The 'angry man’s candidate': George Wallace and the roots of the American Independent Party

Segregationist George Wallace ran for president on the American Independent Party ticket. (
Segregationist George Wallace ran for president on the American Independent Party ticket. (

The American Independent Party, absent from mainstream state politics for decades, was once at the nexus of one of the most successful third-party presidential campaigns in history.

The ultra-conservative group that has been quickly adding registered voters to its ranks was formed exclusively to help put then-Gov. George Wallace of Alabama on the California ballot. From its inception in 1967, the party was closely tied to the avowed segregationist and his White House ambitions.

By that time, Wallace had already run one losing presidential campaign as a Democrat.

So he decided to pin his fortunes as an independent with this new party, billing himself as the "angry man's candidate" during a tumultuous 1968 campaign season.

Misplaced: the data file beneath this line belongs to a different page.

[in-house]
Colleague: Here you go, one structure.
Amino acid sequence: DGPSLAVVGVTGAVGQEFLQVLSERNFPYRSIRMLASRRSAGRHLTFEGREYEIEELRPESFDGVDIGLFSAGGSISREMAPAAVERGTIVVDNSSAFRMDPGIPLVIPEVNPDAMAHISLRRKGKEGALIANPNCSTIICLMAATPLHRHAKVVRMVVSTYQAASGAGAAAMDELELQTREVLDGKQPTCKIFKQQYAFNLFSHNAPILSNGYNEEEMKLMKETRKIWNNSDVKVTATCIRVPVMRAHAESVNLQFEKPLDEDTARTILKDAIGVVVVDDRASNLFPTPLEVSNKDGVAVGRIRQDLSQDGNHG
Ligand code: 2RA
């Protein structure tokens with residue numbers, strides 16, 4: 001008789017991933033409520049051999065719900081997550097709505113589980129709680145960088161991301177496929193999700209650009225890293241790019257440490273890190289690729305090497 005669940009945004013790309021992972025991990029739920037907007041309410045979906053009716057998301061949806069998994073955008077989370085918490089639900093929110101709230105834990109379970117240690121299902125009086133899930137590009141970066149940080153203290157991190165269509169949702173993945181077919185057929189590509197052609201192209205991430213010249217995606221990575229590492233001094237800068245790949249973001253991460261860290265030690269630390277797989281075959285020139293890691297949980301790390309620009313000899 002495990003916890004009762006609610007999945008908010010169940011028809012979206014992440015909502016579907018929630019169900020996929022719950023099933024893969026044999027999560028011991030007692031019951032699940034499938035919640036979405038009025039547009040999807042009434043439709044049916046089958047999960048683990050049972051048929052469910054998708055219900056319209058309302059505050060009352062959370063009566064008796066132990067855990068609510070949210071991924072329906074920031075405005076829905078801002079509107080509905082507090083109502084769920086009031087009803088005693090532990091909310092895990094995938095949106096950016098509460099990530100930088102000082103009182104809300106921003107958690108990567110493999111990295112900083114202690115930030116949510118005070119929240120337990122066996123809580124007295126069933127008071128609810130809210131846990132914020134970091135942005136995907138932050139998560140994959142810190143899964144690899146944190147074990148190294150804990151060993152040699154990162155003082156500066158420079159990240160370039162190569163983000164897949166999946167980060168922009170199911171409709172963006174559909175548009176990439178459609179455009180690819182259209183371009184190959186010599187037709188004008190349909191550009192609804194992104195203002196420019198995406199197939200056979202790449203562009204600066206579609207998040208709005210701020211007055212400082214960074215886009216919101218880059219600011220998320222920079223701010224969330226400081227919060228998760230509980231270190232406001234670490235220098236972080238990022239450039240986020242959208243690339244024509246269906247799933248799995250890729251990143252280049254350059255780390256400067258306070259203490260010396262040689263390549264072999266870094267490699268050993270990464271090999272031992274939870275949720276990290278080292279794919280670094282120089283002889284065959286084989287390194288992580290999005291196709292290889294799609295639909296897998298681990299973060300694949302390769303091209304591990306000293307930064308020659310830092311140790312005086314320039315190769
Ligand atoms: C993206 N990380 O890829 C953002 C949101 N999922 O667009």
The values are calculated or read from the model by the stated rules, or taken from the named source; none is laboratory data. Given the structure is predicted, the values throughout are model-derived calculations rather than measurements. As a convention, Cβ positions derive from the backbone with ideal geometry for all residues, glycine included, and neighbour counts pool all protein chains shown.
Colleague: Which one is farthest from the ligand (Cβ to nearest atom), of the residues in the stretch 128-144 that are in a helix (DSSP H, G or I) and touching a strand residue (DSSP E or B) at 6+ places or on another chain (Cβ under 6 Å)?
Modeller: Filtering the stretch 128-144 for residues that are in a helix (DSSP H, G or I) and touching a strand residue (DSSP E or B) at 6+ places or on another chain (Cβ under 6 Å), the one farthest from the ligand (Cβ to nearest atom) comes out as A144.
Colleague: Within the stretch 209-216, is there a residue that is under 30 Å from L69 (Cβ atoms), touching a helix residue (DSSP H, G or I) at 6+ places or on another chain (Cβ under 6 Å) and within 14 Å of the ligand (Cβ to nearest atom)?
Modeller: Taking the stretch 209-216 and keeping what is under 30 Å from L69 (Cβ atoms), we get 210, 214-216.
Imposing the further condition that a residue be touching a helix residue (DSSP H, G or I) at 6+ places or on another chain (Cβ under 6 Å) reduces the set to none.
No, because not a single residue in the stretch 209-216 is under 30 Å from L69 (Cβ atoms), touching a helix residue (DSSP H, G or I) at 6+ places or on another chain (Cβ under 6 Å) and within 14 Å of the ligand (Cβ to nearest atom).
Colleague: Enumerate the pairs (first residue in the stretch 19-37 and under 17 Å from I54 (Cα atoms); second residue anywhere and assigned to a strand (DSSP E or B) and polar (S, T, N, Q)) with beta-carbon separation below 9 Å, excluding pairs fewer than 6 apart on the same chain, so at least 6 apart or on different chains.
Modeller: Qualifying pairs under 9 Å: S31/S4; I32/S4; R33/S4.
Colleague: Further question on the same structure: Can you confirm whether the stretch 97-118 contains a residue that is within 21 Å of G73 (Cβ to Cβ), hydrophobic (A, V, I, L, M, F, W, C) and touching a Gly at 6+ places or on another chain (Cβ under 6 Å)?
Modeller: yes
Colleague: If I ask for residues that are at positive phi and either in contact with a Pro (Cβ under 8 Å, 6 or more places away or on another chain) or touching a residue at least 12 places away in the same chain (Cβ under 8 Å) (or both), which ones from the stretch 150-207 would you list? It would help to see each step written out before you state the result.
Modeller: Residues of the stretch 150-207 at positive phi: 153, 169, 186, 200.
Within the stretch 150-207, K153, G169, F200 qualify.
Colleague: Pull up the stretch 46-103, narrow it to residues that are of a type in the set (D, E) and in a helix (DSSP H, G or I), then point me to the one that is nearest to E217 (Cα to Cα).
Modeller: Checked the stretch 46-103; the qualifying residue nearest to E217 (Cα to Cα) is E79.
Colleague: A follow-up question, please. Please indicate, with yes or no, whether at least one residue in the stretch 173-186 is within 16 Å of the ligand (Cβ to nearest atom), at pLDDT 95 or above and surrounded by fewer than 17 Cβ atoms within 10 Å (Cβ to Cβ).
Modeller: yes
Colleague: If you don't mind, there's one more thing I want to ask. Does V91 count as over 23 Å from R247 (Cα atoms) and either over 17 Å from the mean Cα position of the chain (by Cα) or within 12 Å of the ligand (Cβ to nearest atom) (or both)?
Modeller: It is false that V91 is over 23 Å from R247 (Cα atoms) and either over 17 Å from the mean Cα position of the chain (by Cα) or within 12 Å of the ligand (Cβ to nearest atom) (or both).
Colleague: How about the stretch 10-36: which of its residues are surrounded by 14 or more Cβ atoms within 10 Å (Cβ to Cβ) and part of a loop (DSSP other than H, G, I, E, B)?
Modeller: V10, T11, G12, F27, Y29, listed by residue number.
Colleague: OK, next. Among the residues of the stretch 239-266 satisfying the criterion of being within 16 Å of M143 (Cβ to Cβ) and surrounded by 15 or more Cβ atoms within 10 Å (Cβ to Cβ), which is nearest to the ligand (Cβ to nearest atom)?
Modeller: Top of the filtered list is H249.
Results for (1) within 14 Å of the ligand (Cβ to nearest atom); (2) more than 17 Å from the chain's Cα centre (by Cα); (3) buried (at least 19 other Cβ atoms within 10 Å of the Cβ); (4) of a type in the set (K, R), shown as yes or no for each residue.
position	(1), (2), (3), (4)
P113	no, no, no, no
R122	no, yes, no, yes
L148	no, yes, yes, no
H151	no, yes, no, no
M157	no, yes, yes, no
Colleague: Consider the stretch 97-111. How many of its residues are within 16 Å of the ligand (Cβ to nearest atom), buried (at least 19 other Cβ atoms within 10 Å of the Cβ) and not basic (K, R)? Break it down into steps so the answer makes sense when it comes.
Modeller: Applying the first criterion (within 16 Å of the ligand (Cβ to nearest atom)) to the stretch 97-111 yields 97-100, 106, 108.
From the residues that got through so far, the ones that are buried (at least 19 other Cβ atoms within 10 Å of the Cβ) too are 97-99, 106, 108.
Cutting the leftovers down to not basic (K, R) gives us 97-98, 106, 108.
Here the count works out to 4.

"There's not really ten cents worth of difference in the two national parties," Wallace said in a speech to the new party's supporters on Aug. 3, 1968, according to a transcript in the California State Archives. "We are going to do away with this business of saying that government must choose for the people themselves."

He billed himself as a law-and-order candidate, a hard-liner on national defense and a fiscal conservative.

He was best known as a segregationist

Then-Alabama Gov. George Wallace attempts to block racial integration at the University of Alabama in June 1963.
Demonstrators clash with state troopers, under orders of Gov. George Wallace, in Selma, Ala., on "Bloody Sunday" in 1965. (Associated Press)

Wallace gave virulent, pro-segregationist speeches as governor of Alabama, a state wracked with violence during the civil rights movement.

During his first inaugural speech as governor in 1963, Wallace stood on the same ground where Jefferson Davis had been sworn in as president a century before and famously declared, "Segregation now, segregation tomorrow, segregation forever!"